200 Years of United Methodism
An Illustrated History

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Not all Methodists in the North, however, were panting to advance their church's interests at the expense of their southern brothers and sisters. Not all marched to the beat of a political drum. But even the formerly southward leaning Philadelphia Conference pledged its loyalty to the Union cause, and a preacher in Newport, across the Ohio from Cincinnati, had his church decorated with flags and brass eagles one Sunday in 1861 and prayed for the hanging of Confederate President Jefferson Davis on the Mason-Dixon Line. Many northern Methodists agreed with the Methodist ministers of Boston, who in 1862 called for sending northern missionaries into the Confederacy, and who in 1865 insisted on the execution of convicted traitors. Such behavior was at odds with the words and deeds of non-church-going President Abraham Lincoln, whose second inaugural address pleaded for "malice toward none" and "charity for all."

But malice's stock rose during the war and charity was limited to giving money. John Wesley's autographed letter to William Wilberforce on slavery, February 24, 1791, written six days before his death at age 88.Northern malice is understandable, not justifiable, when it is remembered that the good of preserving the Union and the evil of slavery were the issues at stake. In this war to eradicate slavery and ensure the Union, there were, one scholar has calculated, 300,000 Methodist soldiers in the Union armies out of a membership of almost one million. At least 500 Methodist chaplains marched with the Blue, and 458 Methodist ministers gave their services to the United States Christian Commission as volunteers doing work similar to that of chaplains. This commission was supported by the kind of charity that increased during the war--the giving of money. Charitable contributions also made possible the printing of Bibles and tracts for soldiers and sailors and the promoting of temperance with regard to alcoholic beverages.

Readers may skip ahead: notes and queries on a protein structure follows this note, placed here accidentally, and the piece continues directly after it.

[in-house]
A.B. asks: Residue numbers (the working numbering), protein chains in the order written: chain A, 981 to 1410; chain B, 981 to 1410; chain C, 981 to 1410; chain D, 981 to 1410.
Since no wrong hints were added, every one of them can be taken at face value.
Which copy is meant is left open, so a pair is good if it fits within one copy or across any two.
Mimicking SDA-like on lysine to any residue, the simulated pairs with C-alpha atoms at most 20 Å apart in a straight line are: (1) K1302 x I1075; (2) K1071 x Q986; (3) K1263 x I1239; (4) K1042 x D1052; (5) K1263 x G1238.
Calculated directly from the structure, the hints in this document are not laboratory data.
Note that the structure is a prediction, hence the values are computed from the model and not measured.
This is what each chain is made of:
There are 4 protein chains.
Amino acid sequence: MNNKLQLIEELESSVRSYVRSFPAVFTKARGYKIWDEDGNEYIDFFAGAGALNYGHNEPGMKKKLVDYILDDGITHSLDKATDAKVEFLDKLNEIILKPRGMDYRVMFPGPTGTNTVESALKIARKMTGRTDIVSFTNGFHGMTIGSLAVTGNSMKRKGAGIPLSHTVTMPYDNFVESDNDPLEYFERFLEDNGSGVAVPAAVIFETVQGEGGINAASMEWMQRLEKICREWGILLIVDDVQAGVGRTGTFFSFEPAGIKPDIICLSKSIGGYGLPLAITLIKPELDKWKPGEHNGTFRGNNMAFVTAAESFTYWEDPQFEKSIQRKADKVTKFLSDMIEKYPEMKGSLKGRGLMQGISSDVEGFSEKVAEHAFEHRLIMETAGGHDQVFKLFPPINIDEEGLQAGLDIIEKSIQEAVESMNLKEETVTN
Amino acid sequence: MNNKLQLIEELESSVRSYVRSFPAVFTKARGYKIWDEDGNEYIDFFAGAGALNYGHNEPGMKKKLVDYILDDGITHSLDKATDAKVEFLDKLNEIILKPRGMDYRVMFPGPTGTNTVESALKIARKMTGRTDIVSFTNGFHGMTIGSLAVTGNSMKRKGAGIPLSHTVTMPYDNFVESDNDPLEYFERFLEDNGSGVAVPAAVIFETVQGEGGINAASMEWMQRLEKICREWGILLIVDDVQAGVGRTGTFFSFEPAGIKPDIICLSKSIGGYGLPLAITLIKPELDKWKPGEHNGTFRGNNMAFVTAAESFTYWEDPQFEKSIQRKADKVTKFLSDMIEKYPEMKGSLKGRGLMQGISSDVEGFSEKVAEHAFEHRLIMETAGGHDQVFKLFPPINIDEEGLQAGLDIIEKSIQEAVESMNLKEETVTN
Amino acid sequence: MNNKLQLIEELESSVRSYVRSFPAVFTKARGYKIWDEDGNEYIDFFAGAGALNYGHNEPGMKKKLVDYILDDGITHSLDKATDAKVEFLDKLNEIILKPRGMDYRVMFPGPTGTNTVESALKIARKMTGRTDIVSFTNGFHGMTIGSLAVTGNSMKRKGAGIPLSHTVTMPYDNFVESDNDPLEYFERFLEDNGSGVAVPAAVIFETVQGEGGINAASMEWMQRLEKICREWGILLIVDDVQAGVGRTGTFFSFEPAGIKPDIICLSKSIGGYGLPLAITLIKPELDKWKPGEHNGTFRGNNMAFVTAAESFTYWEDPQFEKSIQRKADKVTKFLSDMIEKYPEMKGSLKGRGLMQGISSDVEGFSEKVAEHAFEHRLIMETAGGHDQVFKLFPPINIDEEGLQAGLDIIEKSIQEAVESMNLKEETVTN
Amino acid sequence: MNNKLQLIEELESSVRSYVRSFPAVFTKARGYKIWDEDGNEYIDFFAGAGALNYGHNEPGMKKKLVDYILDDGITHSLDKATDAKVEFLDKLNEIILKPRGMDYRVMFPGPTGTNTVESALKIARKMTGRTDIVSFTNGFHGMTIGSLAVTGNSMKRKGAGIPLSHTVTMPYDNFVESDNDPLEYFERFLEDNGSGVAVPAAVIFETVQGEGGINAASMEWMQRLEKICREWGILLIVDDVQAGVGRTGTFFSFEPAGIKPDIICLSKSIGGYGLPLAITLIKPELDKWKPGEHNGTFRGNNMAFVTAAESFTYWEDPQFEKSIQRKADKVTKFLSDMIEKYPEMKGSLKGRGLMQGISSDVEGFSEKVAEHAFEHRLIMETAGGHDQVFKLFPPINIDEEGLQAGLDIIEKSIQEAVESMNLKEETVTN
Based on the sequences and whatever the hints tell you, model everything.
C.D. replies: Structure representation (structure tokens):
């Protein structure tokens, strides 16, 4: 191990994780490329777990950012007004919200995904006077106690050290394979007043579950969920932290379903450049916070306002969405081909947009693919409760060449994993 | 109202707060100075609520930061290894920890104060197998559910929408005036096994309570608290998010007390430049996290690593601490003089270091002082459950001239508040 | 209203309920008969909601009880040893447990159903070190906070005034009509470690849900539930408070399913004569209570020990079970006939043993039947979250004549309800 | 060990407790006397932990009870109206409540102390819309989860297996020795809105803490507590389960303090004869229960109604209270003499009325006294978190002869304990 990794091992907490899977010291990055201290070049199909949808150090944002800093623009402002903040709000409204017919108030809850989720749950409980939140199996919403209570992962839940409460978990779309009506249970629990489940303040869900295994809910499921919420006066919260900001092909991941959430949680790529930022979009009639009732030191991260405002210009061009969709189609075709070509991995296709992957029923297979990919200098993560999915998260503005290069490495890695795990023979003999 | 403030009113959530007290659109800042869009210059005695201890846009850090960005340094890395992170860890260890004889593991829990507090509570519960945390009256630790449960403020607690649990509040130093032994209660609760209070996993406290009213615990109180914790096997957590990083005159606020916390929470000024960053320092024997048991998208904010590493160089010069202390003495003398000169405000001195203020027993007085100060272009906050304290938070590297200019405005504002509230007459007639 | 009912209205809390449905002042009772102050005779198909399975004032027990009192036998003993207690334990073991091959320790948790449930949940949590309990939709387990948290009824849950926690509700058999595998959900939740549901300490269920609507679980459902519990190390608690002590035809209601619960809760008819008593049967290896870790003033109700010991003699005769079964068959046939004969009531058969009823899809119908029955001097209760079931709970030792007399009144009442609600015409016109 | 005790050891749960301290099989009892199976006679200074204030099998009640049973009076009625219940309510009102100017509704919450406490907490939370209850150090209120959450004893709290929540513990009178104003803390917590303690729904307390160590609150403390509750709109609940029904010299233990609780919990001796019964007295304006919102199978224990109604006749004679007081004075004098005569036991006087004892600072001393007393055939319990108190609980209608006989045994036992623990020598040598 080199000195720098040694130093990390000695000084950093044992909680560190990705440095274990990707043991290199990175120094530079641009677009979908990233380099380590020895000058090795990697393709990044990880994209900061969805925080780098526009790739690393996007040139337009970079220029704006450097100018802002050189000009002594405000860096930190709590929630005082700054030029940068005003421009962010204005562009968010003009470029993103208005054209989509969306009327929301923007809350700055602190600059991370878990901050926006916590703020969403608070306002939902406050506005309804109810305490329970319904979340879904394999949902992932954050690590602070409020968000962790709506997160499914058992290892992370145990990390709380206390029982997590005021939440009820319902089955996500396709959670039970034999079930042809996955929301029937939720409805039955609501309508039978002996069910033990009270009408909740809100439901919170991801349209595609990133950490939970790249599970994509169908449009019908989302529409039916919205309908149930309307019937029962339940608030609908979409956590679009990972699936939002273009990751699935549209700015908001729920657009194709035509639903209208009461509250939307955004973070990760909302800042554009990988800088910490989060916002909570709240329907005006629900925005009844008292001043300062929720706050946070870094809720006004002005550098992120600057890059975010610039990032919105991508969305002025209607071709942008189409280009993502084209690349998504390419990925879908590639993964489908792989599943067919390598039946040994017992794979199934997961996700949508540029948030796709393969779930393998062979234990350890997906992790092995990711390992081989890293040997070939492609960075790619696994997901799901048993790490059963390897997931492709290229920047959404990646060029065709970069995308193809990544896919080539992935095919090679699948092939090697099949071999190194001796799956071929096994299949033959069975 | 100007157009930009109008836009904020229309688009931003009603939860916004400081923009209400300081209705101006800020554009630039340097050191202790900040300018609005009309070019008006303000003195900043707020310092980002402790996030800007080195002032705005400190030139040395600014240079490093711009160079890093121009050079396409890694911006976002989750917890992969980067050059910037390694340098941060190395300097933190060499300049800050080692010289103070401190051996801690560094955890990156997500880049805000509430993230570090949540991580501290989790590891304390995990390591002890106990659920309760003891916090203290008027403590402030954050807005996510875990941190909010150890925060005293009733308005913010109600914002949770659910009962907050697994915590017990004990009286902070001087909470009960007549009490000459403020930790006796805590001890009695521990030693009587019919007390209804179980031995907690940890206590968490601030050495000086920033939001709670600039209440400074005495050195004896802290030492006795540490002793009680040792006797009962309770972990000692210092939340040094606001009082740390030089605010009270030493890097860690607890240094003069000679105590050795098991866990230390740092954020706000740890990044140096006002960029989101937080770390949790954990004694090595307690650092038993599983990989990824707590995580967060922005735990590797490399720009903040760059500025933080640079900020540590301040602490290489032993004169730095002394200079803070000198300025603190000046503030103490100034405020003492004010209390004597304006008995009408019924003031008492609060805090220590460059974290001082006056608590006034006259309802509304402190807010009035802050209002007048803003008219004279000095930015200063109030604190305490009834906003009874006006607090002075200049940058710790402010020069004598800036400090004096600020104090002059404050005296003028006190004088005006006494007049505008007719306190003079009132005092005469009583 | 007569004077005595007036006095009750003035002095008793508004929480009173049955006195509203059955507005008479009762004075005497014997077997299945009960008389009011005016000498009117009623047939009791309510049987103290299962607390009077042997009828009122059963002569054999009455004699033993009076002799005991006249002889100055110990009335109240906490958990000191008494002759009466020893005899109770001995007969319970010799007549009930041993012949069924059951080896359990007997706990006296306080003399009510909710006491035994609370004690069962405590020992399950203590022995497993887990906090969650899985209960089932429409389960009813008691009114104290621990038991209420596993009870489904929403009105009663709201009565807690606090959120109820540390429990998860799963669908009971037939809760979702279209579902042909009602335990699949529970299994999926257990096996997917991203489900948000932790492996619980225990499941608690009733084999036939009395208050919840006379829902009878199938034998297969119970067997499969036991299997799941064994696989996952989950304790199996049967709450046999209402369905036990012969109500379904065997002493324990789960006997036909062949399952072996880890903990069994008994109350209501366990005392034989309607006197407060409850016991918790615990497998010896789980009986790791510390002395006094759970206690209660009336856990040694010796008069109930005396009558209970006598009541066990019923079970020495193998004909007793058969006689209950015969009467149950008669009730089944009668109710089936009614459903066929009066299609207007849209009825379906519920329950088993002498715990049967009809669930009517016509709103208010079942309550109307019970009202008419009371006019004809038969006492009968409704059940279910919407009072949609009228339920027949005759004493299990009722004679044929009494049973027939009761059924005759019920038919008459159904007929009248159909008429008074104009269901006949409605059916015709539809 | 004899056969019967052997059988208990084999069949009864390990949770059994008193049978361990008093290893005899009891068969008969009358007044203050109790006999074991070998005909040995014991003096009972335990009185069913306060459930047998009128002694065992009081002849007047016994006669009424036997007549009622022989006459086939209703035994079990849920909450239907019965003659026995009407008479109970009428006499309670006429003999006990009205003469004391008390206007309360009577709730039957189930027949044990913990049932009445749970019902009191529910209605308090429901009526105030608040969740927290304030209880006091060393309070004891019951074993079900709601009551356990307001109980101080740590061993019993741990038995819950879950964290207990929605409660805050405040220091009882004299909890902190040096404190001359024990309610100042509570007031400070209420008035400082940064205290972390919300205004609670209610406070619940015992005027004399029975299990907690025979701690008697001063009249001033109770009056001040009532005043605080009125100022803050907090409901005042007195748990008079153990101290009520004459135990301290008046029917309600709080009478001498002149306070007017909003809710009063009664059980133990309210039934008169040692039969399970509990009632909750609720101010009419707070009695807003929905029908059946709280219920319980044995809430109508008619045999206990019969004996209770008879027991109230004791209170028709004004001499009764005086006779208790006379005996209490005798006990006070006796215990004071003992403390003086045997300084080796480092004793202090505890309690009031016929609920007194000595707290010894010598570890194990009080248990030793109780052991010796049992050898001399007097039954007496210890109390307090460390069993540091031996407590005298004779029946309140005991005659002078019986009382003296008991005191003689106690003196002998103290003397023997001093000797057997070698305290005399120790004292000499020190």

While Methodism, North and South, experienced the full intensity of the Civil War, the United Brethren and Evangelical churches were not unaffected. At the outbreak of hostilities Bishop Jacob John Glossbrenner remained with the United Brethren in Virginia who were, with few exceptions, anti-slavery in attitude, but they tried to keep from offending the Confederate authorities. Later the bishop was able to move back and forth across the Gray and Blue lines, so respected was he for his impartiality. But his refusal to take sides caused him to be coldly received after the war by those in the North who could not say, in Walt Whitman's words, "My enemy is dead, a man divine as myself is dead." Chippendale Chair (ca. 1750) belonging to the Otterbein parsonage; oak chair (early 18th century) on which Wesley stood to preach at Stockport in 1765; and Pennsylvania Dutch chair (early 19th century) used by the founding bishops of the Evangelical Church in their visit to the church in Orwigsburg, Pa.When they listened, however, to Bishop Glossbrenner's description of his wartime administrative and pastoral accomplishments, they praised him for his heroic work. The Evangelical Association, which lost a circuit of churches in the Shenandoah Valley of Virginia, blamed slavery and the war on Satan and called for "every proper measure" to be used to suppress the rebellion. After the war it insisted that just retribution be required of the South.

When General Lee surrendered to General Grant at Appomattox Court House in the spring of 1865, the tidal wave of civil war was stilled and the tide of nationalism began to flow once more. Nationalism would remain a potent force in the reunited United States, just as pietism continued to characterize the Methodist, United Brethren, and Evangelical churches long after the period we have called the tide of pietism. Nevertheless, after the Civil War nationalism was an ebbing tide in its significance for the churches of what is now United Methodism. Idealism was the flowing tide.

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